The government calculated that around a phenomenal £4 billion worth of revenue was evaporating with illegal imports of tobacco and alcohol every year. It is estimated that 80 per cent of all tea consumed in England was duty free and on a single smuggling trip 3,000 gallons of spirits could be imported. Gin, in fact, became so cheap that it was used for cleaning windows. Tea was the staple commodity for the smuggler for most of the eighteenth century.
It is believed that most if not all the inhabitants of Saltburn, Staithes, Runswick Bay and Robin Hood’s Bay were involved in the illicit trade, and Whitby too was not exempt. A labyrinthine network of caves, tunnels and concealed cupboards kept the contraband out of sight in all of these locations. The skippers of the ships and boats earned £250 a run, the sailors and overland porters £5 and the labourers and armed lookouts on the beach one guinea. By 1701 things had deteriorated so much that the Customs Commissioners expanded their staff. John Becket was appointed to Staithes with a salary of £40 a year.
John Brown was sent to Whitby as an additional land waiter to inspect cargoes at unlading, and Thomas Long as boatman to inspect the holds of ships. J. Sedgewick was made surveyor of Robin Hood’s Bay and allowed to charge his horse to expenses. Later that century, the service was expanded again until each small harbour had its officer and boat crews, with riding officers and informers.
Records from the Whitby Customs House for 1728 reveal seizures of 27 gallons of brandy discovered at a house in Goathland on the Moors; 8 gallons of the same at a Skinningrove cottage; 12 gallons of brandy, 6 lbs each of coffee and tea and 8 more gallons of brandy and geneva buried in sand, caves, hedges and hiding holes in various parts of the Moors. Whitby’s greatest day came in January 1777 when Whitby Custom House could boast a haul of 650 gallons of gin, 79 lb of green tea, 200 lb of Bohea tea, 7 gallons of wine, 56 lbs of brown candy and the 44-ton boat in which some of these goods had been found.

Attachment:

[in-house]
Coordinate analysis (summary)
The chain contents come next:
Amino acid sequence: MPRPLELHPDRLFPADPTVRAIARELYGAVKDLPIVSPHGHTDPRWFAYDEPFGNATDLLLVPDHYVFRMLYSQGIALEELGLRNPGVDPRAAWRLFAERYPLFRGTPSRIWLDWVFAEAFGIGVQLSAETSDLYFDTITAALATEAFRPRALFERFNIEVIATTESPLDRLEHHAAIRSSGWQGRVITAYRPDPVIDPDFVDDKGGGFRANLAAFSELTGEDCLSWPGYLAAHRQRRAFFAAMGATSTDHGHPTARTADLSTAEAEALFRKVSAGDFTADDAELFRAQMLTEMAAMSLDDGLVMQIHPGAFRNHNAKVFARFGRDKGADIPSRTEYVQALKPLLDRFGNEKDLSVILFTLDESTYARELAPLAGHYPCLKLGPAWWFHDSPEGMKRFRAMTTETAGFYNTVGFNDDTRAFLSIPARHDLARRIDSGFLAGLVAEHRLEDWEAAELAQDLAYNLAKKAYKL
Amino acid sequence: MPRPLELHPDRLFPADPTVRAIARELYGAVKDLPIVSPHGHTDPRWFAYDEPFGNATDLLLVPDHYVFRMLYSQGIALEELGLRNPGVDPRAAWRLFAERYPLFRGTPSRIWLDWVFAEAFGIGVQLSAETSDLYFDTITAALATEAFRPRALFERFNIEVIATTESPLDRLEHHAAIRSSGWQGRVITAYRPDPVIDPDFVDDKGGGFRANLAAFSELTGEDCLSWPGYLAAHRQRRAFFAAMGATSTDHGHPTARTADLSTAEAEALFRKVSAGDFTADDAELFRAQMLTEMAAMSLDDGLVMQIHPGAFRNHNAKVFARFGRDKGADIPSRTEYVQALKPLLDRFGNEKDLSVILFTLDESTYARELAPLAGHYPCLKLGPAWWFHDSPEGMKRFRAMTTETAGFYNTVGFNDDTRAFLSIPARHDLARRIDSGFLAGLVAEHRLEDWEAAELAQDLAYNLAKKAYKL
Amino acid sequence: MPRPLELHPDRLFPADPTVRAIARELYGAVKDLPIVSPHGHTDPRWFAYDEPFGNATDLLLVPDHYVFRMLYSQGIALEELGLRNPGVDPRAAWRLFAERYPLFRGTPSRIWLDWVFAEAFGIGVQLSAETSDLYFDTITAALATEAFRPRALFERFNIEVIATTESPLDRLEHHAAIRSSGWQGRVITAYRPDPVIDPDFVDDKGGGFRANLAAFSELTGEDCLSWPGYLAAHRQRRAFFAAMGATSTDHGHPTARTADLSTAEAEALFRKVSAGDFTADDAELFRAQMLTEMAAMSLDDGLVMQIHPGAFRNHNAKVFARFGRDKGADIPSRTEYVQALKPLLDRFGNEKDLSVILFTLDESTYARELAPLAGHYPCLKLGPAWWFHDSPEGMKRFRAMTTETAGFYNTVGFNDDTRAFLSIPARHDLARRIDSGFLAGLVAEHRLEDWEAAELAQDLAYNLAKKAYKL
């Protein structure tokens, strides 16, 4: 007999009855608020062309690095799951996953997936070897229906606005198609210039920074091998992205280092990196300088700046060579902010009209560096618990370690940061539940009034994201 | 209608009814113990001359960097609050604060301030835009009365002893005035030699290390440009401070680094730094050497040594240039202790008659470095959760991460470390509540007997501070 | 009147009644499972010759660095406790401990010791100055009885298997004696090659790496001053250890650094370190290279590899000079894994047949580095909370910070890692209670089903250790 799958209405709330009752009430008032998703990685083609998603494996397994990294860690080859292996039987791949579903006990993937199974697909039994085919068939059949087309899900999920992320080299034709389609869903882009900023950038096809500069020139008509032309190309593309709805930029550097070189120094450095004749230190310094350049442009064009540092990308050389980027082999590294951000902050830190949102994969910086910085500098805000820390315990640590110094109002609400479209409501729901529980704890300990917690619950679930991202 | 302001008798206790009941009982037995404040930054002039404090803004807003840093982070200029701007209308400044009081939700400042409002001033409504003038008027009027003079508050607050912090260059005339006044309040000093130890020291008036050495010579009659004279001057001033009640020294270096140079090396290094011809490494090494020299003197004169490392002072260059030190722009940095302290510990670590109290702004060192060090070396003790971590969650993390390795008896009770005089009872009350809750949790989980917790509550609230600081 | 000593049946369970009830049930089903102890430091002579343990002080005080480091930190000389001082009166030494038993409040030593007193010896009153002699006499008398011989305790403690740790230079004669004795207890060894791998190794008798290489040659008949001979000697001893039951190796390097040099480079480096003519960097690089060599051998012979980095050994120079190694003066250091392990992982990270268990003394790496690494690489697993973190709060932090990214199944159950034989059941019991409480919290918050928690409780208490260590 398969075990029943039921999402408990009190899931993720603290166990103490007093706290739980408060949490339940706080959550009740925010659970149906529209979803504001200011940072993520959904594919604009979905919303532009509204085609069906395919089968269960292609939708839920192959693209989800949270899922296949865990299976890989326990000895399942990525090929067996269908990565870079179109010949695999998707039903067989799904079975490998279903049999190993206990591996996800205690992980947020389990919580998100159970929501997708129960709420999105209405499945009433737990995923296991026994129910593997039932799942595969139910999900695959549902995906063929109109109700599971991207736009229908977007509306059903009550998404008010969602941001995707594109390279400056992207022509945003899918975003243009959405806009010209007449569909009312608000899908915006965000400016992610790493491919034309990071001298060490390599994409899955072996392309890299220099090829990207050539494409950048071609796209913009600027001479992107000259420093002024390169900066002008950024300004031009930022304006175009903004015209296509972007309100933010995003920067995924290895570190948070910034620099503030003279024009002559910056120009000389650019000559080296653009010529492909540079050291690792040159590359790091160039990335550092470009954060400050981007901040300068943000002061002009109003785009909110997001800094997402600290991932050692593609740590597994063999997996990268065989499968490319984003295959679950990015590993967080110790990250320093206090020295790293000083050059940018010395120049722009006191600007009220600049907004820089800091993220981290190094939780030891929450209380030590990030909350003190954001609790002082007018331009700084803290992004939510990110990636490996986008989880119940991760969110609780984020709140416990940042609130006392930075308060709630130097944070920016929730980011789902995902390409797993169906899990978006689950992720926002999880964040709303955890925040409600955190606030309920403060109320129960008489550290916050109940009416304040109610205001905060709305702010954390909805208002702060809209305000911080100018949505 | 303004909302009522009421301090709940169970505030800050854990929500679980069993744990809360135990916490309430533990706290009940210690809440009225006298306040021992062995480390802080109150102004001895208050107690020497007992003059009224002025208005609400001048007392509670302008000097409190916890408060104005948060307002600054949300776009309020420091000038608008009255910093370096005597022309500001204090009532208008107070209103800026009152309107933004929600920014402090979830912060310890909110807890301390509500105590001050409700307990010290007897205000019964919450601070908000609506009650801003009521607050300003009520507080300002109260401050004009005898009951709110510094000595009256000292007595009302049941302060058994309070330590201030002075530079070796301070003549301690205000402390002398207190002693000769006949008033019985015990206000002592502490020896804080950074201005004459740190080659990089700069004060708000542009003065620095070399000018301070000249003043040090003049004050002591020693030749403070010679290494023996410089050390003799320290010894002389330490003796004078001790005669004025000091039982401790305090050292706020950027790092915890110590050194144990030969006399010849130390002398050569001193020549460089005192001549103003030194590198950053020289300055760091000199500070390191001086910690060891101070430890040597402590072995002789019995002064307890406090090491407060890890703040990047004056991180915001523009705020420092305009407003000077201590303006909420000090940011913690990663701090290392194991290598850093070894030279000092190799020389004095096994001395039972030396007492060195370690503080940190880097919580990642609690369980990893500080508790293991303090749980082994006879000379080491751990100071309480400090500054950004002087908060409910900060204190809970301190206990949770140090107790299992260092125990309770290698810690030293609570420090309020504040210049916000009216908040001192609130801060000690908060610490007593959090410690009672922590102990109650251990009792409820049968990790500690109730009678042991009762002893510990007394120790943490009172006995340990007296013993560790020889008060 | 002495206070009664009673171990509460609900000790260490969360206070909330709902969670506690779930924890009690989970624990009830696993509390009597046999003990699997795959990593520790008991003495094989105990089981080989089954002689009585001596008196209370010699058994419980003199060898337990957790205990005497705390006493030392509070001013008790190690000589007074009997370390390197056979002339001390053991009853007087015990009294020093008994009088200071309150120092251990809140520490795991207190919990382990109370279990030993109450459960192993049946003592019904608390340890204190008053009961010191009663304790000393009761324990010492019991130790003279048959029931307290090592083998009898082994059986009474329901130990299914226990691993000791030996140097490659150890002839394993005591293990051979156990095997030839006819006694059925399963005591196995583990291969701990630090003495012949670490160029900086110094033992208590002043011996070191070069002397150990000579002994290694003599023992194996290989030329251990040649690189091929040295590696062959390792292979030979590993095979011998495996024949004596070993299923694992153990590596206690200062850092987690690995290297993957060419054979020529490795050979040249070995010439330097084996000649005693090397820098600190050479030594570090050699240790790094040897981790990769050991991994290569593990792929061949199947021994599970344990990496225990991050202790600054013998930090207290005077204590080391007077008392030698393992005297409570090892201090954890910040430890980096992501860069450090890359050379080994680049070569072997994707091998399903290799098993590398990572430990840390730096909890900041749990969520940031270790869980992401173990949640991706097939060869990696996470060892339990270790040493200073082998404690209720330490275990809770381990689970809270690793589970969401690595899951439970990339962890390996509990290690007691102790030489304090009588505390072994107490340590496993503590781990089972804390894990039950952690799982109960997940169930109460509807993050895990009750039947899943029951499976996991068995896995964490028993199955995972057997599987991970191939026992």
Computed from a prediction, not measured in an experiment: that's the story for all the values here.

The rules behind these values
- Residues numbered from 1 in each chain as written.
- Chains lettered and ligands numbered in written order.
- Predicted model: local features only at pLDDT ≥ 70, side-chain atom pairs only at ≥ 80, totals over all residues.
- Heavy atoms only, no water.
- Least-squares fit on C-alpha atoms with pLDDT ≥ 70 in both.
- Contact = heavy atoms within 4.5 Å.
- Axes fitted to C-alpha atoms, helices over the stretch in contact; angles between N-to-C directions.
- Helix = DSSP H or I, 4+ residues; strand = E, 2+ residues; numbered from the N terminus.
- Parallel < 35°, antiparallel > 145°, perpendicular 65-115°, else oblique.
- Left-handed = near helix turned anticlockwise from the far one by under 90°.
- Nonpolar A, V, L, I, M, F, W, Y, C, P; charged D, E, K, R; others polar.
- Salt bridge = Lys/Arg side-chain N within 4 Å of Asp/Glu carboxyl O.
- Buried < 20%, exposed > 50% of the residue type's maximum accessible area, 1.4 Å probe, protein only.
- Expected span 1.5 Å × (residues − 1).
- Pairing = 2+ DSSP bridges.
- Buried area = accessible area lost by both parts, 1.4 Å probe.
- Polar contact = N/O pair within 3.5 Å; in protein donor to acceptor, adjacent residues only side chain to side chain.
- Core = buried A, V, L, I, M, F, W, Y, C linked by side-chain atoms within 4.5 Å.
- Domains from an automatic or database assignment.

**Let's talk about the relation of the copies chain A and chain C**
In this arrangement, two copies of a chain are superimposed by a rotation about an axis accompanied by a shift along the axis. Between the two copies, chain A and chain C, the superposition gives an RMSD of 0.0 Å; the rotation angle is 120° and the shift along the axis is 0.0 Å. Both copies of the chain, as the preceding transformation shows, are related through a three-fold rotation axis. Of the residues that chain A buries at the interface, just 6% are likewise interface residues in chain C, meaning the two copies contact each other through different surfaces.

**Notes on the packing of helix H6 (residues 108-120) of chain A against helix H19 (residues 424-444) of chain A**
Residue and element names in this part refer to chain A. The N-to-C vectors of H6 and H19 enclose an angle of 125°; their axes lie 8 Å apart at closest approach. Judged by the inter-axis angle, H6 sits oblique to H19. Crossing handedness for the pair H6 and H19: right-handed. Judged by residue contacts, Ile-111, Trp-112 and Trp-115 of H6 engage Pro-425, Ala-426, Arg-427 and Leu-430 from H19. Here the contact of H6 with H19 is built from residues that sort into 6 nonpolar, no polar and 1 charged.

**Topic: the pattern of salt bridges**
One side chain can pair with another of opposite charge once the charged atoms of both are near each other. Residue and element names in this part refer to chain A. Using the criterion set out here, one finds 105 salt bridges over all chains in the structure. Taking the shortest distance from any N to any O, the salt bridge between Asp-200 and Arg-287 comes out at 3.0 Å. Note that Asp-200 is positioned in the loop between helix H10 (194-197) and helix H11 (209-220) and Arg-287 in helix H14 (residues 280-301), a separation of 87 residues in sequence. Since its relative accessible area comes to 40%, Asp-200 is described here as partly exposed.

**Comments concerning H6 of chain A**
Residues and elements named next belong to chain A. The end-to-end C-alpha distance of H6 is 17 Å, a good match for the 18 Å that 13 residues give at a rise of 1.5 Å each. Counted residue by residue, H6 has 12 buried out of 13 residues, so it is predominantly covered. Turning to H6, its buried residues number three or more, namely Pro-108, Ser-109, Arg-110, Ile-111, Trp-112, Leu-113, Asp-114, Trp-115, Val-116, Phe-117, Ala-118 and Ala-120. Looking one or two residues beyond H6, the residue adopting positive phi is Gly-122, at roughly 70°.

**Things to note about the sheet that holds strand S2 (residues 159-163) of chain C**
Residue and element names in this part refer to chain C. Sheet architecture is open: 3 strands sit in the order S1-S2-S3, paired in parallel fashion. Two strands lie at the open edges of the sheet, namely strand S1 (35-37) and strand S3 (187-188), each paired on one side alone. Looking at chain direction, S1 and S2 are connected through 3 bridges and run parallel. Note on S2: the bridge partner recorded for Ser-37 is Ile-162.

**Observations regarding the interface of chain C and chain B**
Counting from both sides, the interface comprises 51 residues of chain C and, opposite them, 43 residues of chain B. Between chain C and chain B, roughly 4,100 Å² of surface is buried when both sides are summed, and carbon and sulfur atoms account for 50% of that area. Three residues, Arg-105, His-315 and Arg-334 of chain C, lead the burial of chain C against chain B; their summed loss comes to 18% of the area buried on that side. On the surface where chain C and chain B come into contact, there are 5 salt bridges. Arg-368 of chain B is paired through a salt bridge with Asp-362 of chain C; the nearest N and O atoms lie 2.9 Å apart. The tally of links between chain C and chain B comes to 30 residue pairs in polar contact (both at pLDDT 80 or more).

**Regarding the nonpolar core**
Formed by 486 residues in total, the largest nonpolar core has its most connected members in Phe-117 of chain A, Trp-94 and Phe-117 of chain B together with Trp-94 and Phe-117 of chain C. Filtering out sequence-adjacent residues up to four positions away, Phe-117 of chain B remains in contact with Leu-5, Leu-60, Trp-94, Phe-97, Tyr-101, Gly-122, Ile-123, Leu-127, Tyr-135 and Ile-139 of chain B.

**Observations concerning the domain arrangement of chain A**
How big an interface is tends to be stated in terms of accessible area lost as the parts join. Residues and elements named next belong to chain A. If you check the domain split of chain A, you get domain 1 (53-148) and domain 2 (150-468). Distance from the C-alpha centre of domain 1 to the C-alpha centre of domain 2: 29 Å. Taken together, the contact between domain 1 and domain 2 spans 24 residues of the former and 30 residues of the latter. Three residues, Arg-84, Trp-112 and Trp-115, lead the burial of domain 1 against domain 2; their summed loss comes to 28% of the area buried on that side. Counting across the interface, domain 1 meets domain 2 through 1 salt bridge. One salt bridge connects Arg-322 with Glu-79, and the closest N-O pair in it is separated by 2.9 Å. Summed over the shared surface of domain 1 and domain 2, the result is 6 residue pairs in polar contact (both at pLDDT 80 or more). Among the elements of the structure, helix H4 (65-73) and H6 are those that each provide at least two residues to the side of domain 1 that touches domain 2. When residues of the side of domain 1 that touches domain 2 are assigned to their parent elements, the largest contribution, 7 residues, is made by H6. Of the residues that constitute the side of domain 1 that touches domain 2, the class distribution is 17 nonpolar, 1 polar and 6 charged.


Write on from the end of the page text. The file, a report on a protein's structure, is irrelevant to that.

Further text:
The gloss was wiped off a Robin Hood’s Bay haul when the officer, who took 200 casks of brandy and geneva, 150 bags of tea, a chest of blunderbusses, and cartuche boxes for twenty men in an innkeeper’s house during October 1779, had to confess that the booty had previously been snatched by smugglers in a raid on the Hartlepool Customs House. In the next century, after spying a suspicious vessel near Runswick one August Monday, Lieutenant King’s Whitby boat gave chase, and was eventually able to escort into harbour a 23-ton ship yielding 21 tubs of geneva, 7 tubs of brandy, 3 casks tobacco, 2 chests of tea and 28 casks of salt. The four prisoners were fined £100 each by the justices, but being unable to pay, they were incarcerated in York prison.
In 1773 two excise cutters, the Mermaid and the Eagle, were outgunned and chased out of Robin Hood’s Bay by three smuggling vessels, a schooner and two shallops. In 1779 a pitched battle between smugglers and excise men took place in the dock over 200 casks of brandy and geneva and fifteen bags of tea.
Article taken from ‘Whitby at Work’ by Paul Chrystal, published by Amberley Publishing, £14.99 paperback, ISBN: 9781445685151